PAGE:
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Literary The Zodiac • August 2020
#1  sun surfer 08-01-2020, 04:11 AM
Help select what we'll read and discuss next!


The topic is The Zodiac.

This is wide-ranging and could be any plot, character or word in a title having something to do with the zodiac. This might be a western zodiac sign (Libra, Leo, Gemini, Aries, Taurus, Virgo, Scorpio, Aquarius, Pisces, Capricorn, Sagittarius, Cancer) or one of their associations (scales, balance, lion, twins, ram, bull, virgin, maiden, scorpion, water bearer, fish, goat, archer, centaur, crab), or a Chinese zodiac animal (rat, ox, tiger, rabbit, dragon, snake, horse, sheep, monkey, rooster, dog, pig). It could be a zodiacal element (air, fire, water, earth, metal, wood), a direction associated with the Chinese zodiac (west, north, east, south) or the concept of yin and/or yang from the Chinese zodiac. It might concern a more enigmatic association with astrology, horoscopes, divination, mysticism, fortune telling, tarot, cusps, the heavens, constellations, celestial bodies, planets, stars, sun, moon, etc. There's also more esoteric zodiacs (Hindu, Vedic, Greek, Celtic, etc.) that could be inspiring.


Detailed nominating and voting guidelines can be found here. Basically, nominations are open for about four days and each person may nominate up to three literary selections which will go automatically to the vote. Voting by post then opens for four days, and a voter may give each nomination either one or two votes but only has a limited number of votes to use which is equal to the number of nominations minus one. Any questions, feel free to ask.

We hope that you will read the selection with us and join in the discussion.

*

Nominations are complete. First round voting is complete. Run-off voting is complete. Final results-
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#2  AnotherCat 08-03-2020, 10:05 PM
I was tempted by some science fiction but in the end chose these, none of which I have read:

The Hour of the Star - Clarice Lispector
https://en.wikipedia.org/wiki/The_Hour_of_the_Star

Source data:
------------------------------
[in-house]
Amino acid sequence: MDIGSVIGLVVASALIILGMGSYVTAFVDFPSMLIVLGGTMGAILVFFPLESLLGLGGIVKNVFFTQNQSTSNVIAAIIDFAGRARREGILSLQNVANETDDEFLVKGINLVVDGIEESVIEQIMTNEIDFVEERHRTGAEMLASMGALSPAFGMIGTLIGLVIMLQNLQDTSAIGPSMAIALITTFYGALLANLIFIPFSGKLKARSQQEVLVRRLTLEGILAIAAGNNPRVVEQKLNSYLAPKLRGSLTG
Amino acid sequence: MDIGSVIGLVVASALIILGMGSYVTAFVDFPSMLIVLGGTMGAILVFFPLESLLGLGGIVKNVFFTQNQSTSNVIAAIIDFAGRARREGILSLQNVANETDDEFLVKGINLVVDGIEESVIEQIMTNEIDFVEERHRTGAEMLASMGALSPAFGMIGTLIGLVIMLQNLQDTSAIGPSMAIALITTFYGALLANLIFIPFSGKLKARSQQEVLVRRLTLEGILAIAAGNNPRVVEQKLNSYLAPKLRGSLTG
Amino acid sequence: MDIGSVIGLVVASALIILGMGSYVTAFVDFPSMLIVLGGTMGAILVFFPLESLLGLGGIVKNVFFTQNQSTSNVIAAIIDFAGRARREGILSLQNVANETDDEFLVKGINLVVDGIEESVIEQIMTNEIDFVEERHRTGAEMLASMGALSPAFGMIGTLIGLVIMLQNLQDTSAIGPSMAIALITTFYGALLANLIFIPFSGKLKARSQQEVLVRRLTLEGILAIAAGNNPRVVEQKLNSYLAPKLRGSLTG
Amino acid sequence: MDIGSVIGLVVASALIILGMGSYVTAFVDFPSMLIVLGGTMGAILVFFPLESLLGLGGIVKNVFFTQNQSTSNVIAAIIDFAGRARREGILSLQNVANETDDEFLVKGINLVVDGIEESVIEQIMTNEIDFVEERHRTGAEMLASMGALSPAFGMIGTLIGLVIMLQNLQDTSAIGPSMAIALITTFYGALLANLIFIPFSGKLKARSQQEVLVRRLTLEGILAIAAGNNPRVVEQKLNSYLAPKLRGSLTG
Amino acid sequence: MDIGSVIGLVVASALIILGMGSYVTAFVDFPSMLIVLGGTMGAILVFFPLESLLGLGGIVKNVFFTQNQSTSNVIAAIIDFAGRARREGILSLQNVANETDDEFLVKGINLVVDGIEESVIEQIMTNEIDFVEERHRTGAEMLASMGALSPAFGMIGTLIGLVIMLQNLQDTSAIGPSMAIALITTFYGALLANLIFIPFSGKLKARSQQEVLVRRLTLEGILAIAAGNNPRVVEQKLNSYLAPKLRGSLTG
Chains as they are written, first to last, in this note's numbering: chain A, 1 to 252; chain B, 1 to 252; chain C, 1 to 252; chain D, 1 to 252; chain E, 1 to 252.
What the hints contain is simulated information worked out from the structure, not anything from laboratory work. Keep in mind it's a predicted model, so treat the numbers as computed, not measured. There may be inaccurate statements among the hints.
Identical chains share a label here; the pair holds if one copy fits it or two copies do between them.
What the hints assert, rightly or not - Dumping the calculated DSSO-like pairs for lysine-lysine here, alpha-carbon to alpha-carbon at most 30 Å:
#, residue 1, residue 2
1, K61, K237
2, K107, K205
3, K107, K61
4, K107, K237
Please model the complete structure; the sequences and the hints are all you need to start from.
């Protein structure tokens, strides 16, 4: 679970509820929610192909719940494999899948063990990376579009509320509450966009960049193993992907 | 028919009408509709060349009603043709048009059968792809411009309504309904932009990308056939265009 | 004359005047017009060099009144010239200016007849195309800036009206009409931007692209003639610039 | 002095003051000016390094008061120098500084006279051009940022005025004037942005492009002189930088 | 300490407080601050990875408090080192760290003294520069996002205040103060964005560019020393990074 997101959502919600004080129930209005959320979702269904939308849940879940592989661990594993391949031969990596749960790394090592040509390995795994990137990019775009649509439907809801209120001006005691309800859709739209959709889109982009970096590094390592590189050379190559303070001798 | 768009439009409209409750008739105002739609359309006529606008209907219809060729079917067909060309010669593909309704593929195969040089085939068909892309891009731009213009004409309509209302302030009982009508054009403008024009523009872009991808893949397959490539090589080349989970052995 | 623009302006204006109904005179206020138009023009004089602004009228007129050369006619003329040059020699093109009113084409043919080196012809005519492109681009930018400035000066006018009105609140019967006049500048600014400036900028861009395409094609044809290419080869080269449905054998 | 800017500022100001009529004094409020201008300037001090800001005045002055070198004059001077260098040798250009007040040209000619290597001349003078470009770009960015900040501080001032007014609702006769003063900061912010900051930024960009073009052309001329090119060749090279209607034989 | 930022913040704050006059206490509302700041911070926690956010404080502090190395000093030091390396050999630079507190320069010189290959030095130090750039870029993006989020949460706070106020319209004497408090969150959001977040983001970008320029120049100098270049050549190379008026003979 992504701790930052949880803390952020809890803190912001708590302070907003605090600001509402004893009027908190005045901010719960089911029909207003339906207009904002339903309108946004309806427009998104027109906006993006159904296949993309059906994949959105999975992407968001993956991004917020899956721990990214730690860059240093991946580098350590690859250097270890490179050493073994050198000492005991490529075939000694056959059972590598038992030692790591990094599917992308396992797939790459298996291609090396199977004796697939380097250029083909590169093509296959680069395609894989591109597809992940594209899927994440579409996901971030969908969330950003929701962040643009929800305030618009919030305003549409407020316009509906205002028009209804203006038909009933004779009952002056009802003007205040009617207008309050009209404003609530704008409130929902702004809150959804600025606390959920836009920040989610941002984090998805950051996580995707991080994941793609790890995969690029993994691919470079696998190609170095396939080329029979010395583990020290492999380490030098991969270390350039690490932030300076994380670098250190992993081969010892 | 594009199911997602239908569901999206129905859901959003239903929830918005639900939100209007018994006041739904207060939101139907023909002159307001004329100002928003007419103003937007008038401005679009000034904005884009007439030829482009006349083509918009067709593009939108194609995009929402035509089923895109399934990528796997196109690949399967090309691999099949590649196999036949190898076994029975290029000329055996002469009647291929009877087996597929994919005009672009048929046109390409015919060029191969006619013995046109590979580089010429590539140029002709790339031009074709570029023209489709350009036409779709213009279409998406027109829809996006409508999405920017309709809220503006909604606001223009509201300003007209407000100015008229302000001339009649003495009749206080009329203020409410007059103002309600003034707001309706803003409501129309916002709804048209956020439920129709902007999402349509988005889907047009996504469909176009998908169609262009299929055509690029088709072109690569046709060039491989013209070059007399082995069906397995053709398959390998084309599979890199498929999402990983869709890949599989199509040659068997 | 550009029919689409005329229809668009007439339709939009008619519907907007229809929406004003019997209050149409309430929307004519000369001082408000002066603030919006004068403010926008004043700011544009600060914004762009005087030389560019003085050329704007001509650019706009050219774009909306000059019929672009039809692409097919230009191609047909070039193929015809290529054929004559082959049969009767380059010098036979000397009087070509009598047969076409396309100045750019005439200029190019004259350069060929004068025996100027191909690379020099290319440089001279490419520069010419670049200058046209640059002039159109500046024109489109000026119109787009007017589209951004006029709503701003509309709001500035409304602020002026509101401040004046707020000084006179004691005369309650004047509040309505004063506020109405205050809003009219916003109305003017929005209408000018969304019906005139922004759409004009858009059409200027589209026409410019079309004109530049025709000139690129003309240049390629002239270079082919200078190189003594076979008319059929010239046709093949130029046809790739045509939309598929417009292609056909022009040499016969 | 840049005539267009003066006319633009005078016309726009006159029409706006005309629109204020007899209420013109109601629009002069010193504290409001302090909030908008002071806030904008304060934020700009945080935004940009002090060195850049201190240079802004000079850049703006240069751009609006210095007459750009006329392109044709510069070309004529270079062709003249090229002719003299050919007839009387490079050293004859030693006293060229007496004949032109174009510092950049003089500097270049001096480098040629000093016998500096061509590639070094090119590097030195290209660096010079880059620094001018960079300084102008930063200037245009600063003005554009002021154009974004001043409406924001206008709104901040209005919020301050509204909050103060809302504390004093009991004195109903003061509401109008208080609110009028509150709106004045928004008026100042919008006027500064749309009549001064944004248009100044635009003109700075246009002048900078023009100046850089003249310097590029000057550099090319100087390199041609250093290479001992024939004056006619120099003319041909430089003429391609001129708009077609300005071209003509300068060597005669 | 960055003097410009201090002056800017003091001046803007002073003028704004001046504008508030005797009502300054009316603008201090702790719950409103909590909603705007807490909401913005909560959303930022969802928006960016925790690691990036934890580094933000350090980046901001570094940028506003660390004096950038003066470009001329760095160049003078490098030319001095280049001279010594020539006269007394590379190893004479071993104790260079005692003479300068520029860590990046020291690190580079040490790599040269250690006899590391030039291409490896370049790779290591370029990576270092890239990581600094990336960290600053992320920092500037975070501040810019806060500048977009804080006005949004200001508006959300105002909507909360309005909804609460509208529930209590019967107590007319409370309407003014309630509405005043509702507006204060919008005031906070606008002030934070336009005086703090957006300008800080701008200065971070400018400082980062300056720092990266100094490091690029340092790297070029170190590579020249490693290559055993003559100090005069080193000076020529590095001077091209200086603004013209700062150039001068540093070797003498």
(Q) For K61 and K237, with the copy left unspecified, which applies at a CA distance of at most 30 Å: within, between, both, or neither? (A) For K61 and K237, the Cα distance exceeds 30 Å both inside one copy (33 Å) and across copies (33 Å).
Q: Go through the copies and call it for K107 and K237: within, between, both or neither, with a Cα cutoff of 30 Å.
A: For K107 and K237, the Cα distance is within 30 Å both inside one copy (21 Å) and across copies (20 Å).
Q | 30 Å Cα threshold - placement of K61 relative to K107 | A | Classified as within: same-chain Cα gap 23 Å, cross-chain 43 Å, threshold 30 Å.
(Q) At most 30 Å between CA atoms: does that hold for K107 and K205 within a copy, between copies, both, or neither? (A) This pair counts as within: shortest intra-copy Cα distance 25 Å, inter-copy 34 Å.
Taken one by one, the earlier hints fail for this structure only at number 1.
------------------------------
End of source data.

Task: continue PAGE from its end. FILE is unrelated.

https://www.goodreads.com/book/show/762390.The_Hour_of_the_Star

Lonesome Dove - Larry McMurtry (1986 Pulitzer)
https://en.wikipedia.org/wiki/Lonesome_Dove
https://www.goodreads.com/book/show/256008.Lonesome_Dove

The Sun Also Rises - Ernest Hemingway
https://en.wikipedia.org/wiki/The_Sun_Also_Rises
https://www.goodreads.com/book/show/3876.The_Sun_Also_Rises

If wondering about the connection of Lonesome Dove to the month's theme, the story starts in The Lone Star State and finishes in Big Sky Country.

I think that The Sun Also Rises is the only Hemingway novel I have not read, if I have it was so long ago that I cannot remember the story at all.

There are two (at least) translations of The Hour of the Star around but maybe does not matter which one read.
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#3  sun surfer 08-03-2020, 10:31 PM
Great nominations. I was also considering the Hemingway so that’s one less book for me to have to decide between nominating, heh. I’ve heard of Lispector off and on (she has a distinct, memorable name) and the book looks intriguing. I’ve never read Lonesome Dove (nor have I seen the mini series) but I’ve heard it’s good.
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#4  Bookworm_Girl 08-05-2020, 12:07 AM
My first nomination is Drive Your Plow Over the Bones of the Dead by Olga Tokarczuk. The protagonist in the book writes horoscopes.

From Booklist:
Quote